Wage Boundaries

Wage Boundaries

There’s a bit of a convoluted situation regarding prevailing wages across our state’s western border. Changes in Illinois’s prevailing wage laws seem to indicate a forthcoming increase in enforcement of payment rules, which could be a problem for unaware companies that perform work in both states. Any type of company involved in a public project could be affected, including contractors, developers, owners, architects, and more. This makes it important for companies to double check to make sure they’re in full compliance.

Picture a scenario where an Indiana-based contractor is working on a locally funded county road that begins in Indiana and terminates several miles away across the boarder in Illinois. For some contractors, prevailing wage laws could mean they will be required to pay their workers a different rate as soon as they hit the border. Whether or not this will create major discrepancies for many companies isn’t exactly clear. At the very least, it merits review with labor council.


The Indiana Side

Indiana doesn’t have a prevailing wage currently. Back in July of 2015 state legislators repealed what was then called the common construction wage law. The intent of the repeal was to provide financial relief for taxpayer-funded projects by reducing costs associated with construction wages.

In the last few years, there’s been a lot of criticism about whether or not the repeal actually worked. One report from the Midwest Economic Policy Institute (MEPI) found the only real impact of the repeal was on workers in the form of lost wages. An 8.5 percent loss, to be exact. On top of that, there has been no observable reduction in the cost of taxpayer-funded construction projects resulting from the repeal.

So, with no state prevailing wage to go by, many builders in Indiana adhere to market rates or industry standards for local/state-funded projects. Legally, they could pay minimum wage, but that’s ill-advised if they’re hoping to retain quality workers.

Federally funded or assisted projects are different – they have specific federal prevailing wage rates to go by under the Davis-Bacon act. So, a federal project in Indiana would have a prevailing wage but a local project in Indiana would not.


The Illinois Side

Illinois does have a prevailing wage law that was recently amended. Governor Pritzker signed Public Act 100-1177 earlier this year and it went into effect at the start of June 2019. This amendment changes the way prevailing wage rates are determined and also changed which entities are going to have authority over enforcement.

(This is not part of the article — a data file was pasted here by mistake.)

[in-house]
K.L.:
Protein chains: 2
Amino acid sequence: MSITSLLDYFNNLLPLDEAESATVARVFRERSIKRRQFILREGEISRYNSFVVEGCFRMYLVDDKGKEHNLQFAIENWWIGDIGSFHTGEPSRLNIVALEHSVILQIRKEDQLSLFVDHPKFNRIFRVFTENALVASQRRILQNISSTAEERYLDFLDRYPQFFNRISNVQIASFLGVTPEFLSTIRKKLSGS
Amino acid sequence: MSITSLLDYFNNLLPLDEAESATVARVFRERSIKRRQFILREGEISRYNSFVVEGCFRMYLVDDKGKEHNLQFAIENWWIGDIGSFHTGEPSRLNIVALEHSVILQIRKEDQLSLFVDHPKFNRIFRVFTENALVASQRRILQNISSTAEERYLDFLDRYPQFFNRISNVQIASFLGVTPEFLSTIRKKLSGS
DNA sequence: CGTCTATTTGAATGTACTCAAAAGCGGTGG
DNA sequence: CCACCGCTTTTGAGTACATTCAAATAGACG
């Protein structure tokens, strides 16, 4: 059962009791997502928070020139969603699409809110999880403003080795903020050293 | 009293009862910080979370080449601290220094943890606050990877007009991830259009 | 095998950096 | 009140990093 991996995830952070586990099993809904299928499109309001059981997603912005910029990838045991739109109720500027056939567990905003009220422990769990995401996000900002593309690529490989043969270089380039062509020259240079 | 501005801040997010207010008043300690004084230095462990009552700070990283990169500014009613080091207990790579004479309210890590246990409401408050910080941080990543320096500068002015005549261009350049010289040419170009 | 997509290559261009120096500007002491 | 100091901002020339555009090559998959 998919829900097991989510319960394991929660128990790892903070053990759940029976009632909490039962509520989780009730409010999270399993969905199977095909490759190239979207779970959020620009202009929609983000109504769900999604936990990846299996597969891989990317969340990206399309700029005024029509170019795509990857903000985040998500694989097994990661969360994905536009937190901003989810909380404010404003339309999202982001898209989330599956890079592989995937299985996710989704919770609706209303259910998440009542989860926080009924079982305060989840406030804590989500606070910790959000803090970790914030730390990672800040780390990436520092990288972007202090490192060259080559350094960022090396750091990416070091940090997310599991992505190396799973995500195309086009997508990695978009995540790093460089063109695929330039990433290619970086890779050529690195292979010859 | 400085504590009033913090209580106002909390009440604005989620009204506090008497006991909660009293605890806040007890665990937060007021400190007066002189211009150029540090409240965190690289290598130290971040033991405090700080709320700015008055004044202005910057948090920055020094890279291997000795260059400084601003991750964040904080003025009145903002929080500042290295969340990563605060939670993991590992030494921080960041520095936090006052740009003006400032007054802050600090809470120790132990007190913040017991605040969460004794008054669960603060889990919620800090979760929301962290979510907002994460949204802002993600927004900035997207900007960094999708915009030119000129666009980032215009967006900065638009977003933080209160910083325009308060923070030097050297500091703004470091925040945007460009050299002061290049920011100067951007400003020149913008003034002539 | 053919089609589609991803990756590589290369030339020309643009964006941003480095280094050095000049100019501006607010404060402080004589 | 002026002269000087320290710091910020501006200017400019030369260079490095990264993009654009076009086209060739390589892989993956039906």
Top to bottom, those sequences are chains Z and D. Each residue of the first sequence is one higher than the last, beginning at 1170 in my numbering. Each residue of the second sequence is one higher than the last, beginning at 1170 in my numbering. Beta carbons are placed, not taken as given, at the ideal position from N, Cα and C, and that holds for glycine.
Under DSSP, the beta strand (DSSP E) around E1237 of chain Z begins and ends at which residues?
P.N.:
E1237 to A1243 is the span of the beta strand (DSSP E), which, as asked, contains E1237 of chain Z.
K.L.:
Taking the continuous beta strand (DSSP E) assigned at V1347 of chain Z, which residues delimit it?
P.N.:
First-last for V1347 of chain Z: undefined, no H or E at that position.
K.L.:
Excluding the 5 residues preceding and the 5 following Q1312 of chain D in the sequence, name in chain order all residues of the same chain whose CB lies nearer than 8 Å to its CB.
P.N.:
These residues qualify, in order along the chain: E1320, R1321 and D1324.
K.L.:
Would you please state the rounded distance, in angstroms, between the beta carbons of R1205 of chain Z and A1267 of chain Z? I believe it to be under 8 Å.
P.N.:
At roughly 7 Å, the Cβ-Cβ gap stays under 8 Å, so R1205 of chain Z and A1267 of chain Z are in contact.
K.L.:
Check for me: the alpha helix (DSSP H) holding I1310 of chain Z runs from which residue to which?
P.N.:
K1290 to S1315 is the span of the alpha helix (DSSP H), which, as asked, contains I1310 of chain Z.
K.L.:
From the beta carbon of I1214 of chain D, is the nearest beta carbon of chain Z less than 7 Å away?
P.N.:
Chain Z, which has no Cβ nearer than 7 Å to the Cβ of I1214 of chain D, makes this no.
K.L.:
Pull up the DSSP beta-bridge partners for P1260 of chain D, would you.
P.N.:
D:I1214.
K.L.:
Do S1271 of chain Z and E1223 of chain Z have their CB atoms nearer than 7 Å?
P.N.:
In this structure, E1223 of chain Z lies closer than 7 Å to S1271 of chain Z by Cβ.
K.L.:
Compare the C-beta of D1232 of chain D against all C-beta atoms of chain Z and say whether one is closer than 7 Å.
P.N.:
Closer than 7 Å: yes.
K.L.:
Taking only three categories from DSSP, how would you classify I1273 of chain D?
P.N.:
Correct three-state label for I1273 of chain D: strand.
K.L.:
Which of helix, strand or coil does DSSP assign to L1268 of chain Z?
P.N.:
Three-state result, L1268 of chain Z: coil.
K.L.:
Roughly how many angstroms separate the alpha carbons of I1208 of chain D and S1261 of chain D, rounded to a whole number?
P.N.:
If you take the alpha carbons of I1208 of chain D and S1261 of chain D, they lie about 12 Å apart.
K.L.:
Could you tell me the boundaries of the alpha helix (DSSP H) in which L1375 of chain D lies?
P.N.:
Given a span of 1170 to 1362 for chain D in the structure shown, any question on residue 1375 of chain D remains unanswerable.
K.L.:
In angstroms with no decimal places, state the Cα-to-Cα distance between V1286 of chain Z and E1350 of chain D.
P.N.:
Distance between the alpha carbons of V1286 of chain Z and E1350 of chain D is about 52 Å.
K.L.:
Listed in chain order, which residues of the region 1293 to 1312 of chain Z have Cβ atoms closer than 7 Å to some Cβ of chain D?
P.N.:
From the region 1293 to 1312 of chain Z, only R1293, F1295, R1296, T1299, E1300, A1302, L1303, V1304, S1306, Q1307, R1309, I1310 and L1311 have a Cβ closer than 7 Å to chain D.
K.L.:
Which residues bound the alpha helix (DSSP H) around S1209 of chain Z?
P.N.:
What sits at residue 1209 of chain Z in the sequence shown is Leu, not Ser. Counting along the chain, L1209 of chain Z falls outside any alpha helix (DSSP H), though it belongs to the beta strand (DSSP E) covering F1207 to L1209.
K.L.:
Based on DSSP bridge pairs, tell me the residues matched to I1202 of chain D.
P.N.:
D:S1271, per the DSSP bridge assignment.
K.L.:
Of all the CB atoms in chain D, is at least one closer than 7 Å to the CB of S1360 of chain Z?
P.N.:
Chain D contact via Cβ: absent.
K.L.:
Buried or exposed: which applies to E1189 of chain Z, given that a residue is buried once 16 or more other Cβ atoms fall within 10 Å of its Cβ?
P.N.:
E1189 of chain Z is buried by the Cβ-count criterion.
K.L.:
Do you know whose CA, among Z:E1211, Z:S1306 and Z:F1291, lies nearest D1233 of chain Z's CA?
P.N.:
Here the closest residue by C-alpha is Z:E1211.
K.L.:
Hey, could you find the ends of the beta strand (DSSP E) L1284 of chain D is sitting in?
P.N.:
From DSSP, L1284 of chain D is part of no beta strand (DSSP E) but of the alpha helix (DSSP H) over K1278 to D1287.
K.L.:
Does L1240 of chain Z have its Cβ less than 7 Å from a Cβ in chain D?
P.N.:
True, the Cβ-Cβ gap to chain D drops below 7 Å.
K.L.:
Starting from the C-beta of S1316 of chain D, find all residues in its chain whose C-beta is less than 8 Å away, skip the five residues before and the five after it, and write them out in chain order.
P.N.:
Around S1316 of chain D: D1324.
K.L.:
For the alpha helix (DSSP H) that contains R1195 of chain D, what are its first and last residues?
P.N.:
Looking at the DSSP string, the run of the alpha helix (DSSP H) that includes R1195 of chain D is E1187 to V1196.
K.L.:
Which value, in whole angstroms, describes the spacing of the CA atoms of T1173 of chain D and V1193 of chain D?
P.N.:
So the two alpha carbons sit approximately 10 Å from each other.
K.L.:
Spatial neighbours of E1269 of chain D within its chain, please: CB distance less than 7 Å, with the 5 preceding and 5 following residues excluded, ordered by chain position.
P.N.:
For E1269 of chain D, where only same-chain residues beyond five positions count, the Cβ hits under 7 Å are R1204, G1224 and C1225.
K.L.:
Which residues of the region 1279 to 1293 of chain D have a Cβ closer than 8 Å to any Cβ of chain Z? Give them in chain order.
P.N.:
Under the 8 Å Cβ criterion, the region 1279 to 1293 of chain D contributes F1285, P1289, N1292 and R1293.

Now, under the new amendment, the Illinois Department of labor (IDOL) is the only government body that will be deciding wage rates – no other public bodies are involved, as was formerly the case. IDOL will also be responsible for reviewing wage claims. Additional changes in the amendment now require the IDOL to collect demographic data about workers on public projects.


Double Check Your Compliance

Indiana contractors that perform work in Illinois should know the new changes made to the state’s prevailing wage laws are expected to produce an uptick in enforcement of these rules. Illinois-based legal experts have commented that while the amendment won’t actively increase litigation on its own, the state’s administration is taking on the issue of prevailing wage compliance more aggressively than previous administrations. It’s become a bigger priority, evidently.

In this regard, it would be advisable for contractors to make an appointment to discuss this topic with their legal representation about how the issue will affect them as they conduct work in either state. Additionally, due to confusions that surround the issue, further input should be gathered from multiple sources, particularly regulatory officials. Being on the wrong side of a wage dispute across state lines sounds like an event best avoided, for everyone’s sake.



A Hypothetical Look at the Confusion

Imagine a locally funded road project that crosses the Indiana/Illinois border.

  • Scenario 1: Working westbound. An Indiana contractor may (or may not) have to pay their employees more after they cross the border into Illinois.
    • A class 1 highway operating engineer under Illinois prevailing wage would be paid $49.30 for work performed in Cook County. (IDOL 3/8/2019)
    • In Indiana, the median hourly wage for an operating engineer is $25.50. Individuals in the 90th percentile of this occupation can make up to $40.46. (BLS, 2018)
  • Scenario 2: Working eastbound. An employer could legally drop their pay rates to the minimum wage as they crossed from Illinois to Indiana, but that’s bad business if they hope to retain workers. Instead, most continue to use the Illinois wage they began the project with.
  • Scenario 3: If the project was federally funded or assisted and crossed state lines, there is no confusion. Wages would follow federal Davis-Bacon wage rates.

Sources: IDOL, BLS






This article was not composed by legal experts and should not be construed as legal advice.

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Category Features, Rule of Law